By Lyla O’Hara
The other day, I saw “Apollo 11” with my dad in the IMAX theater at Destiny. Honestly, I was rather unenthusiastic about spending my afternoon in a dark theater, but my father convinced me of how cool it would be – and he was right. I expected another “Cosmos,” perhaps narrated by Morgan Freeman or Neil deGrasse Tyson, explaining physics I’d have to see Dr. Utuge about later. But “Apollo 11” did something different. The entire documentary told the story of the first man on the moon, from liftoff to splashdown, using only footage shot at the time.
It’s one thing to see a sci-fi film in theaters, with their CGI spacecrafts and epic galactic warfare, but I found it to be quite another — and surprisingly appealing — to see footage of the astronauts (not actors) actually touching down on the moon nearly fifty years ago. Before seeing “Apollo 11,” I was only vaguely aware color TV existing in 1969, let alone cameras capable of capturing a rocket hurtling “at 7.9 kilometers per second spaceward” and “347 nautical miles down range.” Just as impressive is the fact that the movie’s powerful story is told without narration, but by the people who lived through the experience of Apollo 11. In all, the documentary felt genuine: the impossibly large Apollo 11 that dominated the horizon, the incredible power a viewer could feel during takeoff, and the half-million gallons of fuel it took to propel just three men to the moon.
The cinematography was immersive, but I was really struck by the faces and the people. In almost every scene, people are united in camaraderie and solidarity, a brotherhood—one that transcended the astronauts, and even the scientists and technicians at Mission Control—growing in the hearts of the entire nation. Thousands of people gathered along the sandy banks of Cape Canaveral to view the liftoff, like the camping and tailgating typically seen just on college football game days. Millions more watched it on TVs, mostly still black & white (so I’m told). Really, Apollo 11 enthralled an entire nation in its liftoff.
In that moment, the heads that turned skyward all shared the same dream. America put its faith in a rocketship, sent it to the moon, and brought back space rocks (before the Russians).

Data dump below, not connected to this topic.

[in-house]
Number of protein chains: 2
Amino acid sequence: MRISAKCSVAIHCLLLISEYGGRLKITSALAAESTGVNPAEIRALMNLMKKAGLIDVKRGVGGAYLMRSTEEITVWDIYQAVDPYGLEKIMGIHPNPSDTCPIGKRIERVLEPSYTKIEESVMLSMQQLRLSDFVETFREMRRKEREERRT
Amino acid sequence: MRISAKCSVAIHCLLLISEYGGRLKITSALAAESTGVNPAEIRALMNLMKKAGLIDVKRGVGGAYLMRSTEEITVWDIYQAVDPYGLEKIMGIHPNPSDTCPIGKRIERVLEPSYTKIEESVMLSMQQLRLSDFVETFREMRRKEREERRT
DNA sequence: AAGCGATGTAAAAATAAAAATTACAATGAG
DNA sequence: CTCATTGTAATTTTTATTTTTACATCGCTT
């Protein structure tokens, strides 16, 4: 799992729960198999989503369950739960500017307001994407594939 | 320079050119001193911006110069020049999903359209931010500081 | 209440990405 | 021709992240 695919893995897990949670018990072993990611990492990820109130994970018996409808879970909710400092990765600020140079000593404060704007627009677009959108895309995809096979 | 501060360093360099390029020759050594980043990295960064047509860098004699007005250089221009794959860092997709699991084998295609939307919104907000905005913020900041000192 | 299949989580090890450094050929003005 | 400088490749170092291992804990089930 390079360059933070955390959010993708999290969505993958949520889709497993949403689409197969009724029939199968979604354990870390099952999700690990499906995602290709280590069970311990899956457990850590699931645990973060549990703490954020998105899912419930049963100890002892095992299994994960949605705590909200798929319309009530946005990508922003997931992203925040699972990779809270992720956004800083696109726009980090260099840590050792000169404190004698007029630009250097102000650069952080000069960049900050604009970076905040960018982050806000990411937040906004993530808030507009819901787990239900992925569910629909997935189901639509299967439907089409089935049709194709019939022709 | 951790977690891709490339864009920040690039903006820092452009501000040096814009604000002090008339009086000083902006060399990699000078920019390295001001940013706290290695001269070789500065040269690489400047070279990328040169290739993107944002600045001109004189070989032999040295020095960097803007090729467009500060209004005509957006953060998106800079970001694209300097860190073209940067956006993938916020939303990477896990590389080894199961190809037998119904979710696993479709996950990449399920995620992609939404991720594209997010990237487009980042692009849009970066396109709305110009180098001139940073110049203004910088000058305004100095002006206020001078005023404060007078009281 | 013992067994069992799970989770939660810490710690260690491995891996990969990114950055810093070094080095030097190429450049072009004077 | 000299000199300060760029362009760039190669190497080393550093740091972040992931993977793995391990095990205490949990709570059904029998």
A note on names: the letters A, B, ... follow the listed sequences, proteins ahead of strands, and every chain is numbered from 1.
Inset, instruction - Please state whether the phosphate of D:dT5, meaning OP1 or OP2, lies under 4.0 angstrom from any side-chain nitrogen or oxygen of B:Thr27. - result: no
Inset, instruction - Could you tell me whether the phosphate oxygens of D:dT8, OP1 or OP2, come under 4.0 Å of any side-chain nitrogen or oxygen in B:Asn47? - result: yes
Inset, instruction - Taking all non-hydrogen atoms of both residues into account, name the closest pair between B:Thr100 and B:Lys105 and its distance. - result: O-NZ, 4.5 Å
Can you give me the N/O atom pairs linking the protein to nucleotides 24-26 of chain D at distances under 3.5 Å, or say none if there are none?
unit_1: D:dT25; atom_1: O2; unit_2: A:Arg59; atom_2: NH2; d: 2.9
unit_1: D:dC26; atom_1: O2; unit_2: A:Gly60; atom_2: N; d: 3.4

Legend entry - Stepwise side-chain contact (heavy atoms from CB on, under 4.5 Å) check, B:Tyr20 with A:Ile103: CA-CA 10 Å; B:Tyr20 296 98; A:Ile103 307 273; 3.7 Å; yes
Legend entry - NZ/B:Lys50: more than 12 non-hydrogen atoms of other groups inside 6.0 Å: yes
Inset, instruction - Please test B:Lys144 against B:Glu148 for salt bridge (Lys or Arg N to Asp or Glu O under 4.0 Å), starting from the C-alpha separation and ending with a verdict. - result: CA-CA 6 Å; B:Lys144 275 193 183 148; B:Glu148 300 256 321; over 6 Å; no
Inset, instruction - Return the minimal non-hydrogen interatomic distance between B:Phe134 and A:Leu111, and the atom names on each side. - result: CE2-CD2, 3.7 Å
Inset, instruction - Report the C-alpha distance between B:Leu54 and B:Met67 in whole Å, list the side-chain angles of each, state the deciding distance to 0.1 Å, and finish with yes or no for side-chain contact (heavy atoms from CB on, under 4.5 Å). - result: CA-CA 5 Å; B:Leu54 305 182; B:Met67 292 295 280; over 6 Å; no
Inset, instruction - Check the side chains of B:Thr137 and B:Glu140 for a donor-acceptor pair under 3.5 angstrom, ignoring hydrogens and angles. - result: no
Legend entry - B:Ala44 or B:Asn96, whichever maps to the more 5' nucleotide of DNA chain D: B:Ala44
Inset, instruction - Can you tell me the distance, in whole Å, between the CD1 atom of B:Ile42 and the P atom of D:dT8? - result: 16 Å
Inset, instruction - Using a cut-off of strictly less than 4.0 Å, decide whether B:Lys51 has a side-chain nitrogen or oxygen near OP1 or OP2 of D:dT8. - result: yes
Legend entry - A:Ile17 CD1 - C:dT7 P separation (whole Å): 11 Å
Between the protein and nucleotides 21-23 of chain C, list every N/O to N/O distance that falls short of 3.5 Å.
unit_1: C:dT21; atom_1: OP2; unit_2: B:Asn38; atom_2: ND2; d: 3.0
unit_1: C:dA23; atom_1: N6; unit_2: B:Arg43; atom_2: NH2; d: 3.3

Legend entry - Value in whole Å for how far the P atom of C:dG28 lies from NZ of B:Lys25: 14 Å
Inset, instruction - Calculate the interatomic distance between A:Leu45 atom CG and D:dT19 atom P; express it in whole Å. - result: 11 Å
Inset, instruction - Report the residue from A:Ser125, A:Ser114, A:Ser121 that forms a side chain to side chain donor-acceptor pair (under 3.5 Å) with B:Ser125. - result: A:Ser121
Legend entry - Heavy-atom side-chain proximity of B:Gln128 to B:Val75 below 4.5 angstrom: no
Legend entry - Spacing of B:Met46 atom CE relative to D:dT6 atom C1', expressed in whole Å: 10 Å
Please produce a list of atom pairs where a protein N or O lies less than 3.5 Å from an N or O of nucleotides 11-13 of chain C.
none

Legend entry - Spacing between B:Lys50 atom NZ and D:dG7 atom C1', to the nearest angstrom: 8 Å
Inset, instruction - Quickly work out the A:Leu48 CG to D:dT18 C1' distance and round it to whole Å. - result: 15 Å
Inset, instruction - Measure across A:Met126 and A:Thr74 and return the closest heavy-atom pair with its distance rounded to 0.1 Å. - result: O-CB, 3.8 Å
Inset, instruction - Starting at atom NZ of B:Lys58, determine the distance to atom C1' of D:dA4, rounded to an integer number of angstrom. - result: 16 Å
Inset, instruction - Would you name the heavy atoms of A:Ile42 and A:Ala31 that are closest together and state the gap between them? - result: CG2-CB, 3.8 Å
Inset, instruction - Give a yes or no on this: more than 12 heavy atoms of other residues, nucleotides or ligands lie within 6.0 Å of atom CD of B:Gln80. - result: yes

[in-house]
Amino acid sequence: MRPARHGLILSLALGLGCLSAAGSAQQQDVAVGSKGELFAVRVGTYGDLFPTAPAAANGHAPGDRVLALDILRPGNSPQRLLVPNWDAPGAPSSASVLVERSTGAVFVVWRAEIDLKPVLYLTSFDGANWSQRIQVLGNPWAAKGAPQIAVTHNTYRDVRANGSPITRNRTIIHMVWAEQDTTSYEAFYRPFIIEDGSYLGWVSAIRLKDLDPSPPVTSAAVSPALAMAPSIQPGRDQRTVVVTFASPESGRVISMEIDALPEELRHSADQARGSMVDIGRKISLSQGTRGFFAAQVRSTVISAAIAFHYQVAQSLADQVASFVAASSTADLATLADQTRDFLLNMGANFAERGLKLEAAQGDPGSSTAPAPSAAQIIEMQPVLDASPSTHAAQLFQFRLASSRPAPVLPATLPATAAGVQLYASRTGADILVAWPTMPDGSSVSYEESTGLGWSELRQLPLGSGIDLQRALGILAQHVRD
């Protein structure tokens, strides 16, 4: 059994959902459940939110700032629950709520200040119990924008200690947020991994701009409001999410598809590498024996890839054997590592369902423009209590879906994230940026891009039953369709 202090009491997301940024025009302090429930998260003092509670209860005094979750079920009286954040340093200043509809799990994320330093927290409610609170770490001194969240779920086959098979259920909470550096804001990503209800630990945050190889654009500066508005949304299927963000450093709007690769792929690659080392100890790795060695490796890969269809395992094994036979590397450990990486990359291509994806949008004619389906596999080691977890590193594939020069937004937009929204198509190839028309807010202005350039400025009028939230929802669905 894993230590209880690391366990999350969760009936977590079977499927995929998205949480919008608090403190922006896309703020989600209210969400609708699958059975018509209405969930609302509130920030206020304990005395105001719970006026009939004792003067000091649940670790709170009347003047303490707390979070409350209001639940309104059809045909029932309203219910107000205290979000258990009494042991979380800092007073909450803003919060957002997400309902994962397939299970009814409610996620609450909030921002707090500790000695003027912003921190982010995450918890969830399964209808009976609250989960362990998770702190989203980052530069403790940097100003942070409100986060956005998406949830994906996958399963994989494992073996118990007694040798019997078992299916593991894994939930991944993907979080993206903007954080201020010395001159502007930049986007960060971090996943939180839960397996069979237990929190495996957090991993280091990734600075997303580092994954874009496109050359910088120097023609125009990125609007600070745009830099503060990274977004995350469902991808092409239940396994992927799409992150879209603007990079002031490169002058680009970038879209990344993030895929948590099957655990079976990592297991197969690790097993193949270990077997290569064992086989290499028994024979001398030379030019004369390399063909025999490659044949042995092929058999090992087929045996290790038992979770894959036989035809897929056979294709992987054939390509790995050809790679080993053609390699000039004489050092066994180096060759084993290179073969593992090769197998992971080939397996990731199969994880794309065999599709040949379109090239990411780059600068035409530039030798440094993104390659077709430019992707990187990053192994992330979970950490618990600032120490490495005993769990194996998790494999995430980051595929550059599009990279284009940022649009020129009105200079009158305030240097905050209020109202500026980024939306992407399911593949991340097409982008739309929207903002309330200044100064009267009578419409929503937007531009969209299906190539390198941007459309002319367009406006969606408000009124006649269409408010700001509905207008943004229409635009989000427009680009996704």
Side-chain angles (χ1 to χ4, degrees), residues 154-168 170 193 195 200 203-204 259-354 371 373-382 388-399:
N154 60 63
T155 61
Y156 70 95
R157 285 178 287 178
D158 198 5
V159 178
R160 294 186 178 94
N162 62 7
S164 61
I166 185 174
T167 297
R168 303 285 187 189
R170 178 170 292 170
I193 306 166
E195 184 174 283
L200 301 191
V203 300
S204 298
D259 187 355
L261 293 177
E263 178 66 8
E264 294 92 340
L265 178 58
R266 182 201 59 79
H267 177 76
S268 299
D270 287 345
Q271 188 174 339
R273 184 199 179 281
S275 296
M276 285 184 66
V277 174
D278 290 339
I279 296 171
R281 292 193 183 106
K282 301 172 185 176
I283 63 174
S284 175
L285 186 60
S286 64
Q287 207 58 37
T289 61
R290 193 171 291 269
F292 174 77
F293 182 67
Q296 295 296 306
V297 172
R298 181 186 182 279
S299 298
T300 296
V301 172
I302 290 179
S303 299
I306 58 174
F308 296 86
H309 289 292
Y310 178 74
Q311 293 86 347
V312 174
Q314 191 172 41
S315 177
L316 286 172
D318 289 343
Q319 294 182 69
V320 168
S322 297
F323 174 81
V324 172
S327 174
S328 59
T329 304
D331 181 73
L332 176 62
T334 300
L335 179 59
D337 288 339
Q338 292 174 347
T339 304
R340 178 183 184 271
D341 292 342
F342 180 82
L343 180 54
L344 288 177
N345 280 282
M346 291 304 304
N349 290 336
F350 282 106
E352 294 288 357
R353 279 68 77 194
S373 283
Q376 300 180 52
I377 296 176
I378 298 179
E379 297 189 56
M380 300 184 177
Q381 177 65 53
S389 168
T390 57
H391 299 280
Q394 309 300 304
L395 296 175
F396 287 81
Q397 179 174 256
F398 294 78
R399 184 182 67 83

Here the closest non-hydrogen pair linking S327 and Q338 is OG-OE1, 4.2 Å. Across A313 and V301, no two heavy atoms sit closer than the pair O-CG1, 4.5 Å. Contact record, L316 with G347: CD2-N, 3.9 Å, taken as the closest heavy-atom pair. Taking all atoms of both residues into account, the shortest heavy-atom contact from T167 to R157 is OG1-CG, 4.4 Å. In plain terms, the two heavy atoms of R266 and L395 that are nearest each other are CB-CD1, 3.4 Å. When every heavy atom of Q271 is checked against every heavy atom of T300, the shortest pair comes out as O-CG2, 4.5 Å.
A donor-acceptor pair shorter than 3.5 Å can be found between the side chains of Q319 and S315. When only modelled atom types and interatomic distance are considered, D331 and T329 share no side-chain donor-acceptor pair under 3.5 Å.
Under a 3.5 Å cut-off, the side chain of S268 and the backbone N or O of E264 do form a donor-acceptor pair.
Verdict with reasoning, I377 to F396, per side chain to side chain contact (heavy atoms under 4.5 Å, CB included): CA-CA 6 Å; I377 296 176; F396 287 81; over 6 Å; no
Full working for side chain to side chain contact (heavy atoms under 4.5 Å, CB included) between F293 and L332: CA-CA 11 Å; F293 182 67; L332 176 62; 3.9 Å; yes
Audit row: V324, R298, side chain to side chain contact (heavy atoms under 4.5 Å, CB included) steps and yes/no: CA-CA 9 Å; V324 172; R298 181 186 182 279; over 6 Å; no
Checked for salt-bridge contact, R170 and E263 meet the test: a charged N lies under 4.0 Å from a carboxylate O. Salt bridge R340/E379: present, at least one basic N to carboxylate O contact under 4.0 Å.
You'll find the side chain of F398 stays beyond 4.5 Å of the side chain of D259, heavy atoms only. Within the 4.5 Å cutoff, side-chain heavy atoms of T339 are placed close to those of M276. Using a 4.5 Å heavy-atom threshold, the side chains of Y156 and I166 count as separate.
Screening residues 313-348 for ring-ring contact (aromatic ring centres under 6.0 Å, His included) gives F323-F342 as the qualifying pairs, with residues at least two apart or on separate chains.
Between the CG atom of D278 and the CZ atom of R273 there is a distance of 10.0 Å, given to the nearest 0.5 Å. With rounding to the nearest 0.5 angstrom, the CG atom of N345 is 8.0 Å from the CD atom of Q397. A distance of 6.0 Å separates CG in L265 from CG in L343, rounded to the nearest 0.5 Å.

In history class, I’ve learned about all the times America came together to fight its enemies. The “Join or Die” narrative is engraved into the American conscience. But, this time, I felt the people came together not in defense of an ideal, but in pursuit of one. In the midst of the Cold War, what made people forget about possible nuclear annihilation to pursue something so frivolous as an expedition to the moon? In a time of fragmentation and mistrust, what made us believe we could make it to space? For what cause did a nation put aside its ridiculous zeal for differences and cast its skeptical eye skyward?
In today’s age of political disunity, the constant bickering of a divided America feels a lot like home. In my eighteenth year, I’ve been hard pressed to think of a time when I’ve seen these factions coalesce. A group unites to push something, another to protest something; some of us watch the Super Bowl, others watch the NCAAs. Even in a football game we’re divided. Just look at the stands and there’s a sea of people, split down the middle by team colors. But the launch of Apollo 11 saw families massed around their television sets, New Yorkers stopped in their fast, fast tracks to catch a glimpse in Times Square, even workers in Italy on break to watch the revolutionary news from America. People of all sorts stopped, suspended from their disparity, to watch the human race confront the great unknown of space — together.
“Apollo 11” chronicles of one of the greatest feats of human history. This story doesn’t need Hollywood dramatization or CGI, and the documentary appreciates this. It gives a new generation, and reminds the old, of just what our country can do with its unity and determination.